Overcoming Resistance in HR+/HER2- mBC: Novel ADC and SARM Therapy


Considerations for how novel antibody drug conjugates (ADCs) and selective androgen receptor modulators (SARMs) may respectively address mechanisms of resistance within HR+/HER2- metastatic breast cancer.


Massimo Cristofanilli, MD, FACS: The field of androgen resistance is standard with our understanding of the molecular features of the disease. Patients with PI3K mutations have the possibility to be treated with an FDA-approved alpelisib. We also know that there’s a mutation in the same pathway—for example, an AKT mutation. At this point, alterations aren’t being properly targeted with a selective agent, like a PI3K ALK inhibitor. There is a study, the CAPItello-292, investigating the role of AKT inhibitors in patients who progress on endocrine therapy, including CDK4/6. They have alterations in the pathway of AKT mutations and PI3K alterations. This is investigated in the combination with fulvestrant. This is based on the prior study that showed the superiority of the combination vs single-agent fulvestrant when the patient progresses on single-agent androgen therapy. Clearly, this study may represent or provide us with another example of targeted therapy that may support the targeted therapy or mTOR AKT pathway in a patient who has progressive endocrine therapy, including CDK4/6. This is with regard to the targeted approach.

There is also a new field of ADCs [antibody-drug conjugates] that shows a tremendous impact on triple-negative and HER2 [human epidermal growth factor receptor 2]–positive disease. Some of the prior phase 1 or phase 2 basket studies have shown an impact on the ER [estrogen receptor]–positive disease. Trodelvy, or sacituzumab, is an example of a drug that’s being investigated…. When used as a single agent, compared with the standard-of-care chemotherapy—for example, capecitabine, vinorelbine, and eribulin—it appears to improve the progression-free survival by approximately 30%. The full data are not available, but this is an early indication that this drug probably has also a role in androgen resistant, hormone receptor–positive disease, not only in triple-negative disease. This would represent an additional opportunity for treatment. Essentially, at the moment that the patient has exhausted their targeted therapy or progressive CDK4/6, they need to be treated with a chemotherapy regimen. This is probably going to represent the first line of effusion therapy or chemotherapy regimen.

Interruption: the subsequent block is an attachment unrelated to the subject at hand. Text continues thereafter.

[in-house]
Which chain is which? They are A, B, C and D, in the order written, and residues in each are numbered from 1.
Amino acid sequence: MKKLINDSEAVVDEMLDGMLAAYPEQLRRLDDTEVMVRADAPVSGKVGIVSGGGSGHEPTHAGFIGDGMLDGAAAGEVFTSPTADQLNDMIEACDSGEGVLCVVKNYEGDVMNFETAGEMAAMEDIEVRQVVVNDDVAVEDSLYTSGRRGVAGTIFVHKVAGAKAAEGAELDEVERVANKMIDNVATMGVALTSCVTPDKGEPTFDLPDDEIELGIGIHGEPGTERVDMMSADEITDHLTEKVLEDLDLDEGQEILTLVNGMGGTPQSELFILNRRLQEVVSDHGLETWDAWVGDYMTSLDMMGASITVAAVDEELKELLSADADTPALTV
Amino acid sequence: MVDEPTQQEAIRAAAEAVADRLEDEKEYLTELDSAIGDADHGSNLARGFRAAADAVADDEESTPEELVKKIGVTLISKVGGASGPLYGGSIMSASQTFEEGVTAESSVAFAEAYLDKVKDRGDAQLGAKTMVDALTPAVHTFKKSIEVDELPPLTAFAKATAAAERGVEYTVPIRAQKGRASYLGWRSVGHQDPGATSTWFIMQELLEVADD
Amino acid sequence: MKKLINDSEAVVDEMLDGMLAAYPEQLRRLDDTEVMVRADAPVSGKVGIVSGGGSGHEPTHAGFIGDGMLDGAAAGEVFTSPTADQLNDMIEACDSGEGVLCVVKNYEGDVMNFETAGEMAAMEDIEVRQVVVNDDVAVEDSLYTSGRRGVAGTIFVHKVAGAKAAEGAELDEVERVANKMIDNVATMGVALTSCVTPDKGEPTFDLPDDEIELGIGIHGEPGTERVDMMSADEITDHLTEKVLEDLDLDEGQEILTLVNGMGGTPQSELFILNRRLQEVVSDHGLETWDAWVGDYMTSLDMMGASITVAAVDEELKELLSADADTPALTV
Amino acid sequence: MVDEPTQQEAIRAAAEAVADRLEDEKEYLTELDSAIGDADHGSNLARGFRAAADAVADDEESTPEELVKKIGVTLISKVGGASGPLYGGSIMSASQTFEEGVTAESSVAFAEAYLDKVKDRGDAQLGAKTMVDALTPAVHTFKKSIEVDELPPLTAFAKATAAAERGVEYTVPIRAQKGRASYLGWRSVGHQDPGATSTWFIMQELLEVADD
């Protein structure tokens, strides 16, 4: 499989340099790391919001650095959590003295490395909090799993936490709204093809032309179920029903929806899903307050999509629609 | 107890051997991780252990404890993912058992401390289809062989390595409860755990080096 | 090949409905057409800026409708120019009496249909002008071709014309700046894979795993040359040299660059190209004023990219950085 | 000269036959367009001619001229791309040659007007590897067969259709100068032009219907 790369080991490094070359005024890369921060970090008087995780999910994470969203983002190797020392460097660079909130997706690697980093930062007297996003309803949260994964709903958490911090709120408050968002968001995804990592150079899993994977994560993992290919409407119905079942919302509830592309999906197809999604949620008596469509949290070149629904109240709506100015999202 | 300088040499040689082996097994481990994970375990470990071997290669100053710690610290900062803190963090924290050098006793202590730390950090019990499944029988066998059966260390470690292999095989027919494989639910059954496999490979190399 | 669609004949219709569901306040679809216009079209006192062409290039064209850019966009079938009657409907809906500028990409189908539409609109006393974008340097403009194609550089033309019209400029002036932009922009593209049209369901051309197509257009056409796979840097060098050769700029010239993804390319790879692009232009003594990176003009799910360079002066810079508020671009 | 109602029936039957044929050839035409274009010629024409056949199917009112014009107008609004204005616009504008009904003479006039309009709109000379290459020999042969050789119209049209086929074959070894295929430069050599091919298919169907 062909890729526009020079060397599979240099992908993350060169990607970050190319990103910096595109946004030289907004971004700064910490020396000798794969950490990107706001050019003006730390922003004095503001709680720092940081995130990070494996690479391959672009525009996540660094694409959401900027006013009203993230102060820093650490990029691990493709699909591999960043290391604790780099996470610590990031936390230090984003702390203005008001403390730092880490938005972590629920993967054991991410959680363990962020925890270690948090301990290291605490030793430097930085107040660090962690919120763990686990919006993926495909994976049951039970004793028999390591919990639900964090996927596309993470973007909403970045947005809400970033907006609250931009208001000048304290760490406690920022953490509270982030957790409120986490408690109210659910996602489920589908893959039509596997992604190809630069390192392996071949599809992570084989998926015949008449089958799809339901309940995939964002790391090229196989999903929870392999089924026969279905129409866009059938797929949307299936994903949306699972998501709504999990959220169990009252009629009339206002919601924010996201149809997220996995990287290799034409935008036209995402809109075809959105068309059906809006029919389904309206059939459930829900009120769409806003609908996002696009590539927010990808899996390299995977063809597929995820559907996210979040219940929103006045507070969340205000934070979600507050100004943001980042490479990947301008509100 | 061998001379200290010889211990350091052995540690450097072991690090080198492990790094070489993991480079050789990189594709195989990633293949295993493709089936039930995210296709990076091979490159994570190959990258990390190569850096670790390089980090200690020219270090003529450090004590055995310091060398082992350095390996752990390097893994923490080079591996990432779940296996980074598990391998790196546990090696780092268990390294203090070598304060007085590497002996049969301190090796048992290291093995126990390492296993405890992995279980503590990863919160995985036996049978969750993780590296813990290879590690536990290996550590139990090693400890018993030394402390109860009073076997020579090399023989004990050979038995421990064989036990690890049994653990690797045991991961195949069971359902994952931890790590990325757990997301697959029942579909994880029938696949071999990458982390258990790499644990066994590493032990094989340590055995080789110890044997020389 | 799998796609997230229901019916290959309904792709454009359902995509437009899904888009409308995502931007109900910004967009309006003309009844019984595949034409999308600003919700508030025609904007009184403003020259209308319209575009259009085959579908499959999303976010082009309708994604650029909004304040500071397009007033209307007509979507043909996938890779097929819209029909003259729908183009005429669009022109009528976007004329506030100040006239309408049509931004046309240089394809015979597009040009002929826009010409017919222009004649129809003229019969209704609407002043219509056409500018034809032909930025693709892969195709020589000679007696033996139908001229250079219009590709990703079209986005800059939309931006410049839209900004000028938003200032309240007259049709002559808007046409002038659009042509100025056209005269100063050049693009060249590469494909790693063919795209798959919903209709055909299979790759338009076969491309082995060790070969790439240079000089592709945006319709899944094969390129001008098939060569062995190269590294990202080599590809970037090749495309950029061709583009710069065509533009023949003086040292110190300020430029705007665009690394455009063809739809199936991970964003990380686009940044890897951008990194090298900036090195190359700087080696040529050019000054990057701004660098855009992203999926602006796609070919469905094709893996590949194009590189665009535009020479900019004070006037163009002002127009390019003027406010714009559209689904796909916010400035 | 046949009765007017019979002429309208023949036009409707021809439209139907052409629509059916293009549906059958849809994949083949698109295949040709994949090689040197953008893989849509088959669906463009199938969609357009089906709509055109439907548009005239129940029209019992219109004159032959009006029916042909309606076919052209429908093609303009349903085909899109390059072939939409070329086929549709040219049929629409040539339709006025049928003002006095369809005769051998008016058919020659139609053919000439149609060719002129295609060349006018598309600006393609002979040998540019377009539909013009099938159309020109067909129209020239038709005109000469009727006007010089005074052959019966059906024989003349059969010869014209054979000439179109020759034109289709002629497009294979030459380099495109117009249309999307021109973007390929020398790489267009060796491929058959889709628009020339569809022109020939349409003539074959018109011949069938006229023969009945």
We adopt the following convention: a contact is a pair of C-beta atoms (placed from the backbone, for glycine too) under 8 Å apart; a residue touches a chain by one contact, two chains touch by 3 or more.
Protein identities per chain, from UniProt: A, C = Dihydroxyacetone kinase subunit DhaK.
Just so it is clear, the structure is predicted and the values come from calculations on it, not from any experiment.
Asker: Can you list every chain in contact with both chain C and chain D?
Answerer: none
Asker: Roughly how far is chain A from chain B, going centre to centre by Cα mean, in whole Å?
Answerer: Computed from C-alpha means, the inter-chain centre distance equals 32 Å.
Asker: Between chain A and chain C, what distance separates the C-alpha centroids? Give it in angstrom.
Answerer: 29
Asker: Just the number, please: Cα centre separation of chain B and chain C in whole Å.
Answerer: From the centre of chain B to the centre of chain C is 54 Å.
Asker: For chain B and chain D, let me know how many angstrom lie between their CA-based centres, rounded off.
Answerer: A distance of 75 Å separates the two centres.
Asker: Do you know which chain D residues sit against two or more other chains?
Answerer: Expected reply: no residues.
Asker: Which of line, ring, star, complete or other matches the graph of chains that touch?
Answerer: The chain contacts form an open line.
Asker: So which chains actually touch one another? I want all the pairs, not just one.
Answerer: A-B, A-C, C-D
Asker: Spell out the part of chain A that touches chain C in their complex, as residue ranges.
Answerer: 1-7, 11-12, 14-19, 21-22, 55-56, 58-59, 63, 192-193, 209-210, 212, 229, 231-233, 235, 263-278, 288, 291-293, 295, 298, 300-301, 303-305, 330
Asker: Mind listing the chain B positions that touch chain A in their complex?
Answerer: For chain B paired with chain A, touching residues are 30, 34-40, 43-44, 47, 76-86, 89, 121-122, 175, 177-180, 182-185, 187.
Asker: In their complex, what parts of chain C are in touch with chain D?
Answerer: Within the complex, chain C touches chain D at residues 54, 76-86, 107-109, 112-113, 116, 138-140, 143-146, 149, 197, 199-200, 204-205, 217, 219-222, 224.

The other drug is dato-DXd [datopotamab deruxtecan], which seems to be active in not only HER2+ disease but also ER+. It’s being investigated in the same population compared with the standard-of-care chemotherapy in patients who have exhausted their androgen therapy choices. These 2 ADCs would change our guidelines with regard to the management of patients with hormone receptor–positive metastatic breast cancer. Interestingly enough, there’s also the opposite group of agents, the androgen receptor–targeted agents. This seems to be probably less aggressive, but it still maintains some sensitivity to androgen therapy. We know that androgen has been used in the past when we had only limited therapeutic options, like single agents, to treat breast cancer.

The discovery of the androgen receptor expression, particularly high androgen receptor expression, is a possible molecular therapy associated with androgen resistance. This seemed to open the possibility for a subset of patients to maintain endocrine sensitivity—in this case, to antiandrogen—and maybe carve out another opportunity to delay the chemotherapy for a patient to have progress on standard therapy. This is being investigated. A number of agents are being tested as phase 2 randomized. It’s important to wait for these data to confirm that androgen receptor–high expression is a possible addition to the therapeutic opportunity for this patient or hormone receptor–positive metastatic breast cancer.

Transcript edited for clarity.

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